Sunday 9 June 2013
Markets provide an opportunity to grow one's capital, and create a
return on capital, in addition to a return of capital, its preservation
being the benchmark to ensure it remains fully intact. Is there a
magical formula for success in the markets? No. However, there
is a realistic approach to increase the odds of consistent returns
while keeping exposure to risk at an acceptable level.
The S&P used to be our mainstay market concentration, but we
stepped away from that market when central planners took over,
starting with POMO, [Permanent Open Market Operations], conducted
by the privately owned Federal Reserve. With fiat being pumped
into the markets on an ongoing basis, it was a fatal blow to free
market operations, where supply and demand were the true measures
of value. Now, [then], there was only an artificial demand that took
quarrel with any attempts by supply to alter the Fed's upward
These circumstances were unacceptable, and so we withdrew from
analyzing the equity markets, rightly or wrongly, but right for us.
There may be change coming, and if/when it does, 2008 will likely be
relived, again, possibly worse, given how the buy side market has
become so distorted. It is now back to our game plan, and greater
attention will be given to reading developing market activity, which is what we do.
Are successful results possible? Absolutely! There are never any
guarantees in obtaining profitable results, but we know for certain that guidelines exist for gaining an edge in all markets: Trend, Facts, and
The trend is the most important first piece of knowledge one can have in order to become profitable. Trends persist in the market, and they
often go much farther than many think likely. If you want to be
successful, you must always trade in the direction of the trend, in
whatever time frame chosen. Plus, one must also be mindful of the
next higher time frame to not run into a larger, potentially opposing
force. Just this one observation, alone, can enhance one's odds for
Facts. They are incontrovertible, conclusive, not subject to dispute.
Facts are in direct opposition to opinions, themselves subject to beliefs or judgment, both of which fall short of certainty. We want as much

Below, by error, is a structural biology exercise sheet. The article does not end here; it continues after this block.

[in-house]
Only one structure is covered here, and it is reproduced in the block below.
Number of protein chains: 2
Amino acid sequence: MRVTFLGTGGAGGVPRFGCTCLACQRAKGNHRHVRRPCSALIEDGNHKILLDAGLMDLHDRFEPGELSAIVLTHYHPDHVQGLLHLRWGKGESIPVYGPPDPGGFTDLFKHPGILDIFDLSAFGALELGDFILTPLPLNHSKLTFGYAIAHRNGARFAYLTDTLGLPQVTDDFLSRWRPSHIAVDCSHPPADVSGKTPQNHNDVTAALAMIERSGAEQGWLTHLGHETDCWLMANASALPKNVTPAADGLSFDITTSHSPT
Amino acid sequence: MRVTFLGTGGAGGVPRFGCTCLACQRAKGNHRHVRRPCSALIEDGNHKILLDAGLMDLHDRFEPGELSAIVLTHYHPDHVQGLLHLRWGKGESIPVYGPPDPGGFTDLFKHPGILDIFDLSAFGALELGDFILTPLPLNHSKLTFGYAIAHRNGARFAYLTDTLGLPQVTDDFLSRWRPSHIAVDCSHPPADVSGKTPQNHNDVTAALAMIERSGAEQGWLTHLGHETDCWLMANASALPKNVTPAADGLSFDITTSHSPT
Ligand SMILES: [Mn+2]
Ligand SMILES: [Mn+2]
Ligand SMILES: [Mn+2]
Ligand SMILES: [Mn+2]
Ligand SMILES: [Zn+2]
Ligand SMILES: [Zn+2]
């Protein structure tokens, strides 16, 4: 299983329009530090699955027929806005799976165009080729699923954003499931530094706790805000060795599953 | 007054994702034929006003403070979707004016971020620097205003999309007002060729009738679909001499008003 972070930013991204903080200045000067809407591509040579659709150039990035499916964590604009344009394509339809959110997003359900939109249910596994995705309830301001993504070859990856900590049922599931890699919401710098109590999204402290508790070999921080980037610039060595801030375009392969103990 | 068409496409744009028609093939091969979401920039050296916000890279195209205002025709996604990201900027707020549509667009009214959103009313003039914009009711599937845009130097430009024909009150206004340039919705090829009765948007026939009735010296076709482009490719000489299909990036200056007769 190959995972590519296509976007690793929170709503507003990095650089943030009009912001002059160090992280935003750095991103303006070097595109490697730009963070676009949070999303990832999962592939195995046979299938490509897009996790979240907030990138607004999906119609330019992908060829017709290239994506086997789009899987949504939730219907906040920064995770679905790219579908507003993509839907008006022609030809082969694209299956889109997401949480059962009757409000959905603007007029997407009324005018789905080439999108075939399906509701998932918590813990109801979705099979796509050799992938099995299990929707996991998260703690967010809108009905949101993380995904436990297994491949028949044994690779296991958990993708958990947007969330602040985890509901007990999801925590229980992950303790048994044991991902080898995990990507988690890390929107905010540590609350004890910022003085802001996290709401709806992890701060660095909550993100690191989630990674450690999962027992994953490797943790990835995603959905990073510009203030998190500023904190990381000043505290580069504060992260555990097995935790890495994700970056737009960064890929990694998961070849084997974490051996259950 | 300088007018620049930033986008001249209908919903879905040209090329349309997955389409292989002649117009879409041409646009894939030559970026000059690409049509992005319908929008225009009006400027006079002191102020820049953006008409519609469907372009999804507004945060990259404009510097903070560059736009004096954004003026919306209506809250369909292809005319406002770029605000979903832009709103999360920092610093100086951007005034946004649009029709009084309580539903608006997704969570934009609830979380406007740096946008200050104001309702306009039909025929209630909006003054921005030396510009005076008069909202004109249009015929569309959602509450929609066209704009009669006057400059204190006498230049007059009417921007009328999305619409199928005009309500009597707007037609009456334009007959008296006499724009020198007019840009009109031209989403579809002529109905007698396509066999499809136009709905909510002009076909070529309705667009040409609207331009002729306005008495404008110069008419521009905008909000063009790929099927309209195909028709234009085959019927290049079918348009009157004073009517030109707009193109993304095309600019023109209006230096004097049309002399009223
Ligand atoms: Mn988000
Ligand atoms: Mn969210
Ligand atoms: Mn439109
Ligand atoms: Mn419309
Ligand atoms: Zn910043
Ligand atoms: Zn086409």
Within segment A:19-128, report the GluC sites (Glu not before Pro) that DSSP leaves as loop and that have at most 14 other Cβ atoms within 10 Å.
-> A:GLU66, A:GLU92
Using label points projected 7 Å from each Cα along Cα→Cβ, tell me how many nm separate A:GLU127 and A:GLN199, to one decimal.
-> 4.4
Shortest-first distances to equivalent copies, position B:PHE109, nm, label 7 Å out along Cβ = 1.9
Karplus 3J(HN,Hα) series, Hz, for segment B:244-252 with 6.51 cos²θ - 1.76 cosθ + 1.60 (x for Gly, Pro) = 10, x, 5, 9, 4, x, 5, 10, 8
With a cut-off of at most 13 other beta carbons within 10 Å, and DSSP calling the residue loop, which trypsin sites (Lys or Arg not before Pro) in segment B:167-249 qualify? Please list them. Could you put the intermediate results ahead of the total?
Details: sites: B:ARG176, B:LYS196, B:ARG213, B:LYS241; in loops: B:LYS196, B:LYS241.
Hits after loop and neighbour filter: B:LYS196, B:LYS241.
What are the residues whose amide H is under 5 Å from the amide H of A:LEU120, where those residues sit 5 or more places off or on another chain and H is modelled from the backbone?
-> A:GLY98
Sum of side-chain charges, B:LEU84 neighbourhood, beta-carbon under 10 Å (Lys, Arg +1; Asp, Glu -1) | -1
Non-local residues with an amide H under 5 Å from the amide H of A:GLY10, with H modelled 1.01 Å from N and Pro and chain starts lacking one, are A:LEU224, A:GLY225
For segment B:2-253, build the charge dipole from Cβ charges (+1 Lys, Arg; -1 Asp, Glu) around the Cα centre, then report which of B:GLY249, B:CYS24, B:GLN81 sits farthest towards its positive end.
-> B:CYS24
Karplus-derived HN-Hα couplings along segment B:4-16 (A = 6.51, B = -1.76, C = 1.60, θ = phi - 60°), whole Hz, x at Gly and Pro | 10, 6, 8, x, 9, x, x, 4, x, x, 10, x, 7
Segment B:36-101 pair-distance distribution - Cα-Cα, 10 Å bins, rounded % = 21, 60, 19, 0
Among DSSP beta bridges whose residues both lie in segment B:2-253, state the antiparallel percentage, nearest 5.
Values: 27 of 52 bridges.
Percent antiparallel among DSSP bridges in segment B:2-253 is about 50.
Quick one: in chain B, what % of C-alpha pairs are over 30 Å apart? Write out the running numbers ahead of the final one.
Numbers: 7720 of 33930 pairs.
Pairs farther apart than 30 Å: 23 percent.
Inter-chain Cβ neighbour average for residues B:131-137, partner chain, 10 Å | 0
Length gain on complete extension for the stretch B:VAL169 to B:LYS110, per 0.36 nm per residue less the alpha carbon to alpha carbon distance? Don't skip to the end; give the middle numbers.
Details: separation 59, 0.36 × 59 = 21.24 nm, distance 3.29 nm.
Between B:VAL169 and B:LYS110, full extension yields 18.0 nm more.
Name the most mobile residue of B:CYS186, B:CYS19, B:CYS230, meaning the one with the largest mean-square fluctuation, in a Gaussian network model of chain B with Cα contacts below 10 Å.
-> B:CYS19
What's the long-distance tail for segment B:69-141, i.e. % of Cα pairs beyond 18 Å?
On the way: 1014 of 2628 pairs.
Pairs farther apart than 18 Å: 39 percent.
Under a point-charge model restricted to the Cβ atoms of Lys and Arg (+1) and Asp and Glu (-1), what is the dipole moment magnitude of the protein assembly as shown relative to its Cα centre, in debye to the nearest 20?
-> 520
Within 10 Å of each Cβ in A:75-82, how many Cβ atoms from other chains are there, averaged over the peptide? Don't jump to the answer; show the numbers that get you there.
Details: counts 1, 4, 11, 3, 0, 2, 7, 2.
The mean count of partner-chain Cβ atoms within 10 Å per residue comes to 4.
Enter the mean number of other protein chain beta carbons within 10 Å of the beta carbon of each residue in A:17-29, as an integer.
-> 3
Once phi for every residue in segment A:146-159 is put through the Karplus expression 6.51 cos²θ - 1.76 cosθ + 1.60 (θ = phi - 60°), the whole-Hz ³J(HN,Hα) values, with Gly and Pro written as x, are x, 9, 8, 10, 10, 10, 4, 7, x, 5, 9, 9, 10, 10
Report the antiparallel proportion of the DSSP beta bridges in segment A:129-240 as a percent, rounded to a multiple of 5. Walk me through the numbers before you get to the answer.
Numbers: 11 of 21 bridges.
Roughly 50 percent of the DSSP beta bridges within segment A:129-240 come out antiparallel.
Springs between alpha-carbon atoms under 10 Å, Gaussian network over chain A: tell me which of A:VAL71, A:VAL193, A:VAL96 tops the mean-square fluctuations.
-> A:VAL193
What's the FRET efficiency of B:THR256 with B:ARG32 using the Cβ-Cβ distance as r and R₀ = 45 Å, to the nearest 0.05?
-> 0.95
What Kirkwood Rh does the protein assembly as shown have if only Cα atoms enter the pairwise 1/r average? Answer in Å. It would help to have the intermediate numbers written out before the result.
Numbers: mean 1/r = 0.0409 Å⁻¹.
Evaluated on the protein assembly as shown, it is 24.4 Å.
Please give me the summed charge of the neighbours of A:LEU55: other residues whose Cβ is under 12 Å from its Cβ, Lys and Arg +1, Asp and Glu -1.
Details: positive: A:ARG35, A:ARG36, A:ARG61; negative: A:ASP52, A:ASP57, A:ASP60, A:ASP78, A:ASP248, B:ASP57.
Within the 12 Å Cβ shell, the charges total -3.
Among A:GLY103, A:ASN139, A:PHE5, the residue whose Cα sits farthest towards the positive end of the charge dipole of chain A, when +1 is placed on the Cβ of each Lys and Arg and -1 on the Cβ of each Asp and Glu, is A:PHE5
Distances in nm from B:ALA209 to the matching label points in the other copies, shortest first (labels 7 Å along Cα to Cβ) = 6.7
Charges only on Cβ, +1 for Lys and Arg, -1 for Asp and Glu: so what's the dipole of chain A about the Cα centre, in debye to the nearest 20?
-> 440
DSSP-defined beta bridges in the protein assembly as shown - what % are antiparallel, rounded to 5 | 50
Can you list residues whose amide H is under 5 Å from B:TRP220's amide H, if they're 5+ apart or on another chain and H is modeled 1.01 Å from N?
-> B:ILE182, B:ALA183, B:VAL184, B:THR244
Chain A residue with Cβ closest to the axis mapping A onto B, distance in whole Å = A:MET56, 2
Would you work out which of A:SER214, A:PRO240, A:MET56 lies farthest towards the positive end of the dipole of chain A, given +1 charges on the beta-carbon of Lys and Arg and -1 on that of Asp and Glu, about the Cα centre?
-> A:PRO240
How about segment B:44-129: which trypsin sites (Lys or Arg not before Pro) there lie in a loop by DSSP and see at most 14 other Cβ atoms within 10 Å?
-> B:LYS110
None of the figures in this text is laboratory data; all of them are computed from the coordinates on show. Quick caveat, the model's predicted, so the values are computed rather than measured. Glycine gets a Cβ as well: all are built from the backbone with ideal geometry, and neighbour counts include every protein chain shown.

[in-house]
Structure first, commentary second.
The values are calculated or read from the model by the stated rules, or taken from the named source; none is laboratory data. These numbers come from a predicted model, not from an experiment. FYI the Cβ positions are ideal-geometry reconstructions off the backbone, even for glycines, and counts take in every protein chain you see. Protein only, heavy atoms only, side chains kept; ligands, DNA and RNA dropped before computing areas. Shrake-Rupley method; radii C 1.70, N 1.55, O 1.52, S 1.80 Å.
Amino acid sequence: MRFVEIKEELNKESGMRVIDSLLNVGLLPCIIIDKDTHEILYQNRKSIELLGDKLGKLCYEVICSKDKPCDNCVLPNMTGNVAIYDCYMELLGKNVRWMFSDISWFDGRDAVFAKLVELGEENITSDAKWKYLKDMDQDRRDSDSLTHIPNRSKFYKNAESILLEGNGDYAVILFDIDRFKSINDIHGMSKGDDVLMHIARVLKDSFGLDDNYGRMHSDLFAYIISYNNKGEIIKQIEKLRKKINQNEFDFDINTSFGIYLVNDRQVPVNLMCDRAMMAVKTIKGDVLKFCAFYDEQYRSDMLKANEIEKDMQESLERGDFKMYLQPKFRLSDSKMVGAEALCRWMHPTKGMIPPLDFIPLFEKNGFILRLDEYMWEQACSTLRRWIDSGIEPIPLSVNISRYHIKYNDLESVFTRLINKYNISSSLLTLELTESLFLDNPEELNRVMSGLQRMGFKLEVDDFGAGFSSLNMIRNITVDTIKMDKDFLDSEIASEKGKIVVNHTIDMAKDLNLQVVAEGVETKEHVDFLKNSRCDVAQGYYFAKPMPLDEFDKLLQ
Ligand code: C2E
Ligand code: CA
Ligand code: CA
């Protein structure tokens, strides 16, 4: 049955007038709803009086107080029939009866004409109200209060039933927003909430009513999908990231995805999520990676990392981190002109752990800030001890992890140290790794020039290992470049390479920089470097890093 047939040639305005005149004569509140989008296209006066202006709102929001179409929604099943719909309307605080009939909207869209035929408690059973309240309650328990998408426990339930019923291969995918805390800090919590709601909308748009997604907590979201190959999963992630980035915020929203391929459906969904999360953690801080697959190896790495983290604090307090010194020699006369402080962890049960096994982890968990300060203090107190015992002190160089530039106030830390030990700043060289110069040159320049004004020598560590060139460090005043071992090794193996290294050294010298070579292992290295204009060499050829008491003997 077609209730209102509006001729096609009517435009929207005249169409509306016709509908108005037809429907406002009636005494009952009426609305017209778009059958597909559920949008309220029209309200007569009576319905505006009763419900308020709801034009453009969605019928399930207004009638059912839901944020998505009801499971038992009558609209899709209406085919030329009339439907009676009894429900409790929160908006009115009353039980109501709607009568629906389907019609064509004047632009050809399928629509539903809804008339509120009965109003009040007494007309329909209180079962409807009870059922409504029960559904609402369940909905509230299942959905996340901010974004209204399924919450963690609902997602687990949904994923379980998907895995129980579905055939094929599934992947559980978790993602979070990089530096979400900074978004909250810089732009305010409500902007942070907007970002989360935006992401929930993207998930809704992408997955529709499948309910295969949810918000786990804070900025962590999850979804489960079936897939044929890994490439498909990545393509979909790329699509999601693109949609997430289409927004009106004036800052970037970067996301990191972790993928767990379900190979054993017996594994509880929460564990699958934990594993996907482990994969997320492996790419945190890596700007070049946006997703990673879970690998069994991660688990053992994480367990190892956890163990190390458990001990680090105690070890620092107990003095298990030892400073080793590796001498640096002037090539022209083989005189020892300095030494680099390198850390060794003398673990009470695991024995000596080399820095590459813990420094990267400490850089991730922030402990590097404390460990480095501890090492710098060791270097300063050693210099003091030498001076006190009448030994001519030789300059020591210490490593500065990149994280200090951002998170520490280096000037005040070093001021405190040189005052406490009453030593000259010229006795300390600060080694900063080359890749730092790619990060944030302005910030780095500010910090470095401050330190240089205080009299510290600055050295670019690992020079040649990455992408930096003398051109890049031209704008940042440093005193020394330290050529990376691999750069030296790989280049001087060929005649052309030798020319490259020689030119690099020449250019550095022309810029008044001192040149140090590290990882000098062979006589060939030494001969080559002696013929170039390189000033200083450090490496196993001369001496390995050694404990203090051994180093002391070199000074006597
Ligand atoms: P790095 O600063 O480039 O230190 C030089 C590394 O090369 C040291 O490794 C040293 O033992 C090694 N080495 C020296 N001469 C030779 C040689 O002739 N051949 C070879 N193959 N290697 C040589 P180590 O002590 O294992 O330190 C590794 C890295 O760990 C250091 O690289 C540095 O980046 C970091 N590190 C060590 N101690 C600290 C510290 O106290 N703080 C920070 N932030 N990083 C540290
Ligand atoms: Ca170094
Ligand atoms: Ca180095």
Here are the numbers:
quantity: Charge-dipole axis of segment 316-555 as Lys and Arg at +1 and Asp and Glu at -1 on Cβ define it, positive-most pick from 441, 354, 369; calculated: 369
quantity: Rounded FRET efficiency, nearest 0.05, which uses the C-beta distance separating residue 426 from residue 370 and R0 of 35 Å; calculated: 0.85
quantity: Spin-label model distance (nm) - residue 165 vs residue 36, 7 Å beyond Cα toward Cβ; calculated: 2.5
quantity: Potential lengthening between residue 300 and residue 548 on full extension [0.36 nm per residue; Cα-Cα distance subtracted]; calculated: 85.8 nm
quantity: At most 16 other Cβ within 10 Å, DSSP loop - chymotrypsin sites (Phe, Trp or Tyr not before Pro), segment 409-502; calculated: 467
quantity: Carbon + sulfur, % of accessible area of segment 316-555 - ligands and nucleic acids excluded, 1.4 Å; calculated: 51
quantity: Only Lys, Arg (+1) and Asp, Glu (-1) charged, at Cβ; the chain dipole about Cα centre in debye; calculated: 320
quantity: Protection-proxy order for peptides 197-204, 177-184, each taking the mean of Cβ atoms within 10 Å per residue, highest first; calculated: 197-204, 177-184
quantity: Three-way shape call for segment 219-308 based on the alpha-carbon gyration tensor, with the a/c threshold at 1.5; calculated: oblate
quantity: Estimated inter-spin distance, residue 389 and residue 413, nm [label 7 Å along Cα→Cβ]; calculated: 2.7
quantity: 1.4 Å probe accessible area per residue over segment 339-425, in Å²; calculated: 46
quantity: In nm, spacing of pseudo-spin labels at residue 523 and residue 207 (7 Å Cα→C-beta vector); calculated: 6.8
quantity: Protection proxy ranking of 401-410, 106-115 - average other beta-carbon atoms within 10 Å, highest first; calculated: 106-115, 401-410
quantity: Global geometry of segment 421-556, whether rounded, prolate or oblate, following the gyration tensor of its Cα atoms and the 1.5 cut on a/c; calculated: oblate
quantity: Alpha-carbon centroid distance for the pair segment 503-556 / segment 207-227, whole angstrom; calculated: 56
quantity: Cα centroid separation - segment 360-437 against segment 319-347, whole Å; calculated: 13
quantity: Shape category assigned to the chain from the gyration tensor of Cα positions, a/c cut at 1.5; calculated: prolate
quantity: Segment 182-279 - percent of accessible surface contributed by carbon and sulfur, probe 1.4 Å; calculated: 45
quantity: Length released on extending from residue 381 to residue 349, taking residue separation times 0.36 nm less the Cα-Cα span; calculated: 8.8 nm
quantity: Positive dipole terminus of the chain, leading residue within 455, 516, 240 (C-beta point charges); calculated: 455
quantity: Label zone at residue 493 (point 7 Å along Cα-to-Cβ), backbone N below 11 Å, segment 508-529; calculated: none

certainty in decision-making as possible. Facts provide that.
There are ways of determining the trend based on facts. There are
ways of determining which force, supply or demand, is in control,
based on facts. When you take the trend and combine it with factual
market observations, it results in creating an edge for every market
decision that can lead to stock market success. There is one more
Rules, the missing ingredient for a majority of market participants.
What undercuts successful trading/investing more than anything else? Having an opinion. We all have them, but they cannot be the compass upon which decision-making is based. Why not? Opinions are
subjective, and almost always charged with emotion, ego, both of
which are destabilizing factors.
Why do so many people lose so much money? They have an opinion about what a market will/should do. "This market can't go much
higher." But it does. [Trend]. "The market is overdue for a
correction." It may be, but it does not correct. [Trend]. Once
positioned in a market, emotions take over. "I can't take a loss. The
market will bounce back." [Going against the trend and ignoring the
facts.] You get the idea.
Rule One: Trade with the trend. Rule two: Buy strength, not
weakness. Rule three: Buy at support, once proven it will hold. Etc,
etc, When you have a fixed set of rules that determine when to
take a position within an established trend, the risk factors have been
greatly reduced, and the odds for success have been enhanced.
Neither is guaranteed, but the odds of probability are now tilted in
With this brief, but comprehensive groundwork, we apply it to better
understanding the charts and moving forward.
The first fact to determine for the weekly S&P is the trend, and